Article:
The New York Post has reported that an Actors' Equity policy decision has resulted in the closing of the Off-Broadway show, Maybe, Baby, It's You. Facing a weekly overhead of $30,000, the producers tried to reduce the number of weekly performances at Maybe, Baby from eight to four, which would have cut costs by $10,000 and kept the show open.
The actors, Charlie Shanian and Sahari Simpson were amenable to the arrangement, but their union, Actors' Equity, saw danger in setting a business precedent [reducing performances] just because of a temporary lull in business activity [diminished sales].
NY Post theatre writer Michael Riedel quoted Equity executive director Alan Eisenberg as saying that, "Actors are not avocational, they are professional. They are paid for eight performances a week."
As reported Dec. 29, the Jan. 2 matinee of the romantic comedy, Maybe Baby, It's You, will be its last performance at the SoHo Playhouse Off-Broadway. The romantic comedy, which opened Nov. 9, ends its run after 16 previews and 64 regular performances.
Actors Charlie Shanian and Shari Simpson first played the piece in a three week run at OOB's Currican Theatre this past summer. Jeremy Dobrish, artistic director of the Adobe Theatre Company, directs Maybe which a production spokesperson described as being about "finding your ideal soul mate." Last season, Dobrish produced and directed the Off-Broadway play Duet!. He is the author of the book, "Plays by Jeremy Dobrish."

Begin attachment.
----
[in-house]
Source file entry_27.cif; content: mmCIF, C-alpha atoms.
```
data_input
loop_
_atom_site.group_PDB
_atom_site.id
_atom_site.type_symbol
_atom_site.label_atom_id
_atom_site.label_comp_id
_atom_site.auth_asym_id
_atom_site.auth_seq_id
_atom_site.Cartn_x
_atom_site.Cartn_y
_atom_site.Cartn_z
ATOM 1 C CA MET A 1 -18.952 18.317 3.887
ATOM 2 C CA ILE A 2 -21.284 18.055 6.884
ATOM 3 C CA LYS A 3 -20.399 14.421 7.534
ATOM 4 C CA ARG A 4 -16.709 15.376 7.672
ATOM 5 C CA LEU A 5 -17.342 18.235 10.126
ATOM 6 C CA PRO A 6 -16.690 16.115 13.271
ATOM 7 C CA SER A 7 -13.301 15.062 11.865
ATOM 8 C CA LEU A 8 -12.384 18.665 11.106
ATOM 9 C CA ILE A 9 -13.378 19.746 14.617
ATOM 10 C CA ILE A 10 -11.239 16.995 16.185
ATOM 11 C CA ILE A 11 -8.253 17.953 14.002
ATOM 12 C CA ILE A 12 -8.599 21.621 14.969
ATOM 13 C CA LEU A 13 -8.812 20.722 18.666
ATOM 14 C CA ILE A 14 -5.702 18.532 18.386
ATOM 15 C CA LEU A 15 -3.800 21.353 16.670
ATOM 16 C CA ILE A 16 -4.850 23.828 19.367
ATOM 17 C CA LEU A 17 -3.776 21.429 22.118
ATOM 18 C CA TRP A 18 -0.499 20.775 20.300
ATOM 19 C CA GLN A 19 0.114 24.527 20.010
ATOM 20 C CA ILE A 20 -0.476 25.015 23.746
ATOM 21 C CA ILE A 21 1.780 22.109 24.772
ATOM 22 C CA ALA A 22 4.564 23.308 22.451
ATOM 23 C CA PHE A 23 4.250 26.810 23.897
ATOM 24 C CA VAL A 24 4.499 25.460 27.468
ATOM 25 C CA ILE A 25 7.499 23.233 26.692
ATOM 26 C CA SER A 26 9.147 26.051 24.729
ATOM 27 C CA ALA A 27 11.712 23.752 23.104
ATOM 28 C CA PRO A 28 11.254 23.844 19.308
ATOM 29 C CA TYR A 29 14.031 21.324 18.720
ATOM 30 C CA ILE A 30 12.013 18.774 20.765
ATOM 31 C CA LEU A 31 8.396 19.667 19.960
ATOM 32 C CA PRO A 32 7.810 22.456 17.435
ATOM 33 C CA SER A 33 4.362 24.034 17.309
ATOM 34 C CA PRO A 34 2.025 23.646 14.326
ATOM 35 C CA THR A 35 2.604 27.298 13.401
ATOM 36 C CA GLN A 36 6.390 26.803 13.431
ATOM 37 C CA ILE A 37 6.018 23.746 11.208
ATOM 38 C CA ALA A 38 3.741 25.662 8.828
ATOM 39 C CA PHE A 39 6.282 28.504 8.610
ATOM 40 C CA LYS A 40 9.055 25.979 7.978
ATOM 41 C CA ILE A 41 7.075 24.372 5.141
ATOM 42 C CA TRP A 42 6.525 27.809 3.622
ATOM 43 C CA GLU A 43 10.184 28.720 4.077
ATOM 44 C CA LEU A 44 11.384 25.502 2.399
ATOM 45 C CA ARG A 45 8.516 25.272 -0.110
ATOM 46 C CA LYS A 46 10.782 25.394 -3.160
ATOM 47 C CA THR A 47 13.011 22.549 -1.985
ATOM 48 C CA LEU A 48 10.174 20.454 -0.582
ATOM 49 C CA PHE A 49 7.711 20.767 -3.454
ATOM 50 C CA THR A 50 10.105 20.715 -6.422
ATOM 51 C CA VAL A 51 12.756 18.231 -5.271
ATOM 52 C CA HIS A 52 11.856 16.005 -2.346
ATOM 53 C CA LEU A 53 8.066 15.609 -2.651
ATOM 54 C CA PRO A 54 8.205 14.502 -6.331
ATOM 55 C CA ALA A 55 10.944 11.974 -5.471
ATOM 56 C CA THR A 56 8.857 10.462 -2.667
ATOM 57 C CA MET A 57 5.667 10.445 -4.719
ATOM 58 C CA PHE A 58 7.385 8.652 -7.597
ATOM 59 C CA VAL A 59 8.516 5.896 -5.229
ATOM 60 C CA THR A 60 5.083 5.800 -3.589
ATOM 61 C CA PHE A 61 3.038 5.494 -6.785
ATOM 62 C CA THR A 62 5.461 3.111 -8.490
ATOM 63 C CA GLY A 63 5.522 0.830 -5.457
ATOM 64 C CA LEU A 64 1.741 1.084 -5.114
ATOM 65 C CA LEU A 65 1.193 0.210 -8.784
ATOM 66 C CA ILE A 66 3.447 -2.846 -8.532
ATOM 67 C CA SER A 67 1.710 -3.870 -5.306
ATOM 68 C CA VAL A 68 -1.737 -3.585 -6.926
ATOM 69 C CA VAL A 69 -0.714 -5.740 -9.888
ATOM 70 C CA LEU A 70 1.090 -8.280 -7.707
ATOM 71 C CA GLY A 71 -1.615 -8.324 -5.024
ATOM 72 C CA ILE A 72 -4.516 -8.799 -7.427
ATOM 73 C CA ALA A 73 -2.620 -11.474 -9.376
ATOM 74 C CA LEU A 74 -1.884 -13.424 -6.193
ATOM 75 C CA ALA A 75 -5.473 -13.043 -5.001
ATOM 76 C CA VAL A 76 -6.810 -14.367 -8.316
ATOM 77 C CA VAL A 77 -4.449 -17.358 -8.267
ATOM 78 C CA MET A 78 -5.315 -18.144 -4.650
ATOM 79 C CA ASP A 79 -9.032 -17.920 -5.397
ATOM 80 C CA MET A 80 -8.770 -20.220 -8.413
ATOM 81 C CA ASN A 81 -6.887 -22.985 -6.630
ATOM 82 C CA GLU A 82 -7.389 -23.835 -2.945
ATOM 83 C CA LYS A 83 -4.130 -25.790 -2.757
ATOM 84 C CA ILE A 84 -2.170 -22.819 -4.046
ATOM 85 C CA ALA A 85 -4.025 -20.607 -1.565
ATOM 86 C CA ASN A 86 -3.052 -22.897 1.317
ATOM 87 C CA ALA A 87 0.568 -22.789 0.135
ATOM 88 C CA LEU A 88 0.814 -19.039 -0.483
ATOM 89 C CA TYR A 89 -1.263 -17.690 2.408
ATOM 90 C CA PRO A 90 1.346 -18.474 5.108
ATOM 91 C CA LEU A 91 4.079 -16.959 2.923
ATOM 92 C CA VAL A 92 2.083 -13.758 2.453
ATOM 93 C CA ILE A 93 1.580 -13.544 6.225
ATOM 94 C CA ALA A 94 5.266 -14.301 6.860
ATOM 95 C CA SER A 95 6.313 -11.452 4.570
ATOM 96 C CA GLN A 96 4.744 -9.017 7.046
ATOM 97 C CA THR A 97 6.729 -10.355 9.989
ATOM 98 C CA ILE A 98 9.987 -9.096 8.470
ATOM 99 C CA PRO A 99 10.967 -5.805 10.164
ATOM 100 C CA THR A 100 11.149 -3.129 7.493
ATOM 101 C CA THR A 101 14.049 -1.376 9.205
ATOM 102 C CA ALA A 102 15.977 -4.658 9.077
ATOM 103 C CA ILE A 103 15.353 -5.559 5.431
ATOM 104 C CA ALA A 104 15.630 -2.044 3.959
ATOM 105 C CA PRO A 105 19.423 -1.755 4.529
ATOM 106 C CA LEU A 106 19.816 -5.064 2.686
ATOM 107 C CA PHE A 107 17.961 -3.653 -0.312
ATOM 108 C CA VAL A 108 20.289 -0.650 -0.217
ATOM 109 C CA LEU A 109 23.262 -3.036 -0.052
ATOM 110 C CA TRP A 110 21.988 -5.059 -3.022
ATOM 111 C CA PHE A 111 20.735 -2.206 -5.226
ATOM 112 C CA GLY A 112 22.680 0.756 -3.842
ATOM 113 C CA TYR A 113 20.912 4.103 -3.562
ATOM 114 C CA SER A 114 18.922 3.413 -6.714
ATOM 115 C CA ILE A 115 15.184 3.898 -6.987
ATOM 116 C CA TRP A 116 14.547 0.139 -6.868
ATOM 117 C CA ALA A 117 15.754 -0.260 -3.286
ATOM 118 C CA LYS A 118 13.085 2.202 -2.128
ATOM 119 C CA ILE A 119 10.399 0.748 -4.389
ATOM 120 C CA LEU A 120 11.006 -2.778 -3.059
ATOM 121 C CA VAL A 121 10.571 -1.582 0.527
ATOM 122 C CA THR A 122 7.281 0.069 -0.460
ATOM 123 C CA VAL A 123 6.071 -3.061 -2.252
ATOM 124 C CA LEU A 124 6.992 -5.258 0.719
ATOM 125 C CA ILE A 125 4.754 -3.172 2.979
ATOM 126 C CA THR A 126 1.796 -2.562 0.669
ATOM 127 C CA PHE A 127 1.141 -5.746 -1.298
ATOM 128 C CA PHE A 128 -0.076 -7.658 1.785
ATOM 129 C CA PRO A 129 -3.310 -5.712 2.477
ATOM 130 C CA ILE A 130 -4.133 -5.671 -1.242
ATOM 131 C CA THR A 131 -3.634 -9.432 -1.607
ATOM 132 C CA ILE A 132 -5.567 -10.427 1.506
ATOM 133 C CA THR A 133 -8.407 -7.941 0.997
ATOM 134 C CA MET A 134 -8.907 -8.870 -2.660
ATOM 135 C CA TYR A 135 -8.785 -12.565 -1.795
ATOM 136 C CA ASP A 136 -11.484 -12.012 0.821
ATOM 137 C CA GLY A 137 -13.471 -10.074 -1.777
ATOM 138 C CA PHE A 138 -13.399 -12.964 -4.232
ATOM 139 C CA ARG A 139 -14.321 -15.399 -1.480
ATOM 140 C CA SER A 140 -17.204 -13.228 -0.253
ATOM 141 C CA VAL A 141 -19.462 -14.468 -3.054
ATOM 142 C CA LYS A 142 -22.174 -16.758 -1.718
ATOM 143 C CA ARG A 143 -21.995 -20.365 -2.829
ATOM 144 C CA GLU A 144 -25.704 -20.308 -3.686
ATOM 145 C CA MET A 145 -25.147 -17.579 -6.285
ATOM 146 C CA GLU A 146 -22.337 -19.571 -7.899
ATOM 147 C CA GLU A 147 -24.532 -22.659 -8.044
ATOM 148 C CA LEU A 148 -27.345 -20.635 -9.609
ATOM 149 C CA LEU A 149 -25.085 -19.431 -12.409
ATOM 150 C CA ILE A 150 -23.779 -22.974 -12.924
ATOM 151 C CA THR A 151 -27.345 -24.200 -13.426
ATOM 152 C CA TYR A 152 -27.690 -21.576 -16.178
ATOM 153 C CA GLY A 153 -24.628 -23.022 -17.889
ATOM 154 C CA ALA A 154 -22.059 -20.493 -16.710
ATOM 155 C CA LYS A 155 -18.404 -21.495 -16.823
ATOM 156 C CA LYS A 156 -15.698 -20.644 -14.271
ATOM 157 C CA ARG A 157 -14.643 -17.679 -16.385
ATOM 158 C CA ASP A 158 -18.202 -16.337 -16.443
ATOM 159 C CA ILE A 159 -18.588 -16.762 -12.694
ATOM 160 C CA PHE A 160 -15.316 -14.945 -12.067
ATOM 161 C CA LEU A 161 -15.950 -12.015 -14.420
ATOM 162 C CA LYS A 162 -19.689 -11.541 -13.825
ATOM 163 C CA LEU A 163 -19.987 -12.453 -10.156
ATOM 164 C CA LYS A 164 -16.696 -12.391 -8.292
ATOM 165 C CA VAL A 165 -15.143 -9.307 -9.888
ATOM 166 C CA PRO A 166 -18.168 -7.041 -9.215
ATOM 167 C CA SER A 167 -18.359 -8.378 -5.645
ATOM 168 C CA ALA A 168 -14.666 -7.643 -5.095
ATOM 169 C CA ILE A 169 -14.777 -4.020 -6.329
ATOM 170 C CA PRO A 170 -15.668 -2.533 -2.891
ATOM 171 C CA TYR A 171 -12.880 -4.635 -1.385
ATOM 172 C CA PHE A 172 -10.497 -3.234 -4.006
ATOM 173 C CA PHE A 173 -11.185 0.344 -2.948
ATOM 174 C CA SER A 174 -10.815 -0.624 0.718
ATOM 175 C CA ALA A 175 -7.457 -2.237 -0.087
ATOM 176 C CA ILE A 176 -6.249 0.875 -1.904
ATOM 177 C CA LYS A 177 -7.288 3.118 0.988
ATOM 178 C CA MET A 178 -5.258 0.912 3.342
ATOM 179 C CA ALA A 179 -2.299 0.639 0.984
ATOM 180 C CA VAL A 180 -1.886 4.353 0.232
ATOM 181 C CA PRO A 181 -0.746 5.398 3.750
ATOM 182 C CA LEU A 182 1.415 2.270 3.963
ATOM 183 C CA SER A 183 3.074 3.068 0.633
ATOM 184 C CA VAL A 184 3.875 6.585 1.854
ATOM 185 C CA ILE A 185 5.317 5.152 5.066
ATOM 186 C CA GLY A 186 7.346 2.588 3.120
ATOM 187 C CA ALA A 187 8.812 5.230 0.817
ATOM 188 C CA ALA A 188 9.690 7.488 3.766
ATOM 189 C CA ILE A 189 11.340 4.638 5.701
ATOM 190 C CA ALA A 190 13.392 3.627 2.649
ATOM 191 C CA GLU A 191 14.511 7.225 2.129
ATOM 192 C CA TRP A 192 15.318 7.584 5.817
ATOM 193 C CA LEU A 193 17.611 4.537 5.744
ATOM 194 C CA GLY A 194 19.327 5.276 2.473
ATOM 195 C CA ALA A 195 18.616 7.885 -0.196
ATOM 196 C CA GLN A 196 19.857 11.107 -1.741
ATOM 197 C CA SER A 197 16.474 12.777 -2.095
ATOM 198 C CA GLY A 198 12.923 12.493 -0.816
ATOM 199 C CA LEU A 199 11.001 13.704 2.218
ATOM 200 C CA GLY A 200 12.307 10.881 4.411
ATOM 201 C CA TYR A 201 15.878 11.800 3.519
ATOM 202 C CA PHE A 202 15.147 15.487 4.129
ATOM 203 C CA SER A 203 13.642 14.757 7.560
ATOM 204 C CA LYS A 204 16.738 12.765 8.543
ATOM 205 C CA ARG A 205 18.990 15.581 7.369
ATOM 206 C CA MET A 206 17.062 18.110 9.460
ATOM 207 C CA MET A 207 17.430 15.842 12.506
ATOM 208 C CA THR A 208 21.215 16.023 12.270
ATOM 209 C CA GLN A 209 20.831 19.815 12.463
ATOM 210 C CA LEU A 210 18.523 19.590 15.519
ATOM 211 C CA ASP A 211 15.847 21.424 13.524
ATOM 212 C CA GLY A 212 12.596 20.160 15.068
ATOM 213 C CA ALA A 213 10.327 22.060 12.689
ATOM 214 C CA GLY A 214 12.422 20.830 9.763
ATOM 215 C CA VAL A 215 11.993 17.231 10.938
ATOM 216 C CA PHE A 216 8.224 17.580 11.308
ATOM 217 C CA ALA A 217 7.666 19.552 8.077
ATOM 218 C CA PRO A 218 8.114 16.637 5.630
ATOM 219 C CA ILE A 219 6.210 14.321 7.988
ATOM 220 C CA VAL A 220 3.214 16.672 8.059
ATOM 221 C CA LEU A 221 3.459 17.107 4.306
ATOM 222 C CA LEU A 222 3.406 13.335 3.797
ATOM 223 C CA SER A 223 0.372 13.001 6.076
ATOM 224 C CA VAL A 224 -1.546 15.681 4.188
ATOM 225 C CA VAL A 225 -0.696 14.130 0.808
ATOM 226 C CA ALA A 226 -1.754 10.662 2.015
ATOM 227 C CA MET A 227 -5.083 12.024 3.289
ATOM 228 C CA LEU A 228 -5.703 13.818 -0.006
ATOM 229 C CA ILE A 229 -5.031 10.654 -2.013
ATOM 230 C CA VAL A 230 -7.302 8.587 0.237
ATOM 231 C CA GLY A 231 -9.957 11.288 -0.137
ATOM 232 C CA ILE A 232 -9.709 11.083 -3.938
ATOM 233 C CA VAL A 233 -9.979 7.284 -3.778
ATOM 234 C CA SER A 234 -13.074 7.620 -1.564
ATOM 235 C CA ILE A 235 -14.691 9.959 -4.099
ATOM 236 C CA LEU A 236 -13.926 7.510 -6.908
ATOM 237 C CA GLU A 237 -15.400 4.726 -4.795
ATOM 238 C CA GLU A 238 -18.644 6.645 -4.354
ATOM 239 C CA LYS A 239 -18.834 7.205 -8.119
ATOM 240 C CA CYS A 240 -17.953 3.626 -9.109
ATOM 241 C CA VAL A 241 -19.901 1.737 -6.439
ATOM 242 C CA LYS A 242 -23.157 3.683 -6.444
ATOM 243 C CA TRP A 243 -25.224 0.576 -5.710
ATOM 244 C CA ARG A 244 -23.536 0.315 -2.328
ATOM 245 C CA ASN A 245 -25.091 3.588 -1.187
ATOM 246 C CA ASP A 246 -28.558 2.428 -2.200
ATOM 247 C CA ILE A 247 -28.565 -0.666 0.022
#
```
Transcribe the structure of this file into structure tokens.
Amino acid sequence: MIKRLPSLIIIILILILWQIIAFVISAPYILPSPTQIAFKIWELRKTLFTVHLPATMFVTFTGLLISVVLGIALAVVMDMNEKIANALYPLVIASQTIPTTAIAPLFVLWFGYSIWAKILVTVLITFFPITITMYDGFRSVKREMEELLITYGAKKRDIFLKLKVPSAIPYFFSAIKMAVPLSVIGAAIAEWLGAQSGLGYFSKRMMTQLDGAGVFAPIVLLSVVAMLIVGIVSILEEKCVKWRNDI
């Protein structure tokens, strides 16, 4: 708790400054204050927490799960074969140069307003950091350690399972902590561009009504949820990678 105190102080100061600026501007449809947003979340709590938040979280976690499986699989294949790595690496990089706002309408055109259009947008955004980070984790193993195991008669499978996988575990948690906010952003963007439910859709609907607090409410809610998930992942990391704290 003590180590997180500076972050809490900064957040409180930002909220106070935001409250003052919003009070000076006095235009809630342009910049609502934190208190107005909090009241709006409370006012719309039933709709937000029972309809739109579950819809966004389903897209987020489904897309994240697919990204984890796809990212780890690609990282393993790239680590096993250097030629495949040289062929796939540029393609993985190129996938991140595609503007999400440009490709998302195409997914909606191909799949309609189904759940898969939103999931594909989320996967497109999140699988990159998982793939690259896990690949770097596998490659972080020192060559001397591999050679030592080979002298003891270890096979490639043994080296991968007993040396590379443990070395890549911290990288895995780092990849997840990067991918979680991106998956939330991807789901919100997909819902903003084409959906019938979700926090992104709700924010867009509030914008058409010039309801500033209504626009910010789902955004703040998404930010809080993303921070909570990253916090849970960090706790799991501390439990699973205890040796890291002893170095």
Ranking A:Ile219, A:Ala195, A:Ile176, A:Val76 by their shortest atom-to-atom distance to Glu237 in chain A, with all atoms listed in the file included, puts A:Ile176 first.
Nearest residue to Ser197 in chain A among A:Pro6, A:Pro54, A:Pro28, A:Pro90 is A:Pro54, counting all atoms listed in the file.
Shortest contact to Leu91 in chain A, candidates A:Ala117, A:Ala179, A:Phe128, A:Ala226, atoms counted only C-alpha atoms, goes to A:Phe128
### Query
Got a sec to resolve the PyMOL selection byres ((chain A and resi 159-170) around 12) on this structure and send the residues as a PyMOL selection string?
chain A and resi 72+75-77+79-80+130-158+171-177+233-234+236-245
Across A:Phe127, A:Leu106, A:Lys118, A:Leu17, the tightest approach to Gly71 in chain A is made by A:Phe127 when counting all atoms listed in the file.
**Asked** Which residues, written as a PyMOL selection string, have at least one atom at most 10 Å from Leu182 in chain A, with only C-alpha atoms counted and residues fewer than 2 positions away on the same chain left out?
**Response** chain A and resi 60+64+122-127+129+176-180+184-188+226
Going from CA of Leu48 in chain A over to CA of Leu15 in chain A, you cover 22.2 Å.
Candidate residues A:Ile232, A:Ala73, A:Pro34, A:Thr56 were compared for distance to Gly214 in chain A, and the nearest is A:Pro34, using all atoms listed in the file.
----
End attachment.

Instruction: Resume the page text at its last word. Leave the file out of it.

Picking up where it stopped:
Producers for the show are Madeline Austin, who discovered the piece in an acting class, as well as Roger Alan Gindi, Bruce Lazarus, Scott Benedict, Dana Matthow, Libby Anne Russler and Allan Sandler. Of this group, Gindi, Lazarus and Russler were the producers of last season's Shakespeare's R & J which started at the Expanded Arts before moving to the John Houseman Theatre, where it ran for a year.
The SoHo Playhouse is located at 15 Vandam Street, NYC. Tickets run $35 $47.50. Ample street parking is available near the theatre. For tickets call (212) 239 6200.
-- By Murdoch McBride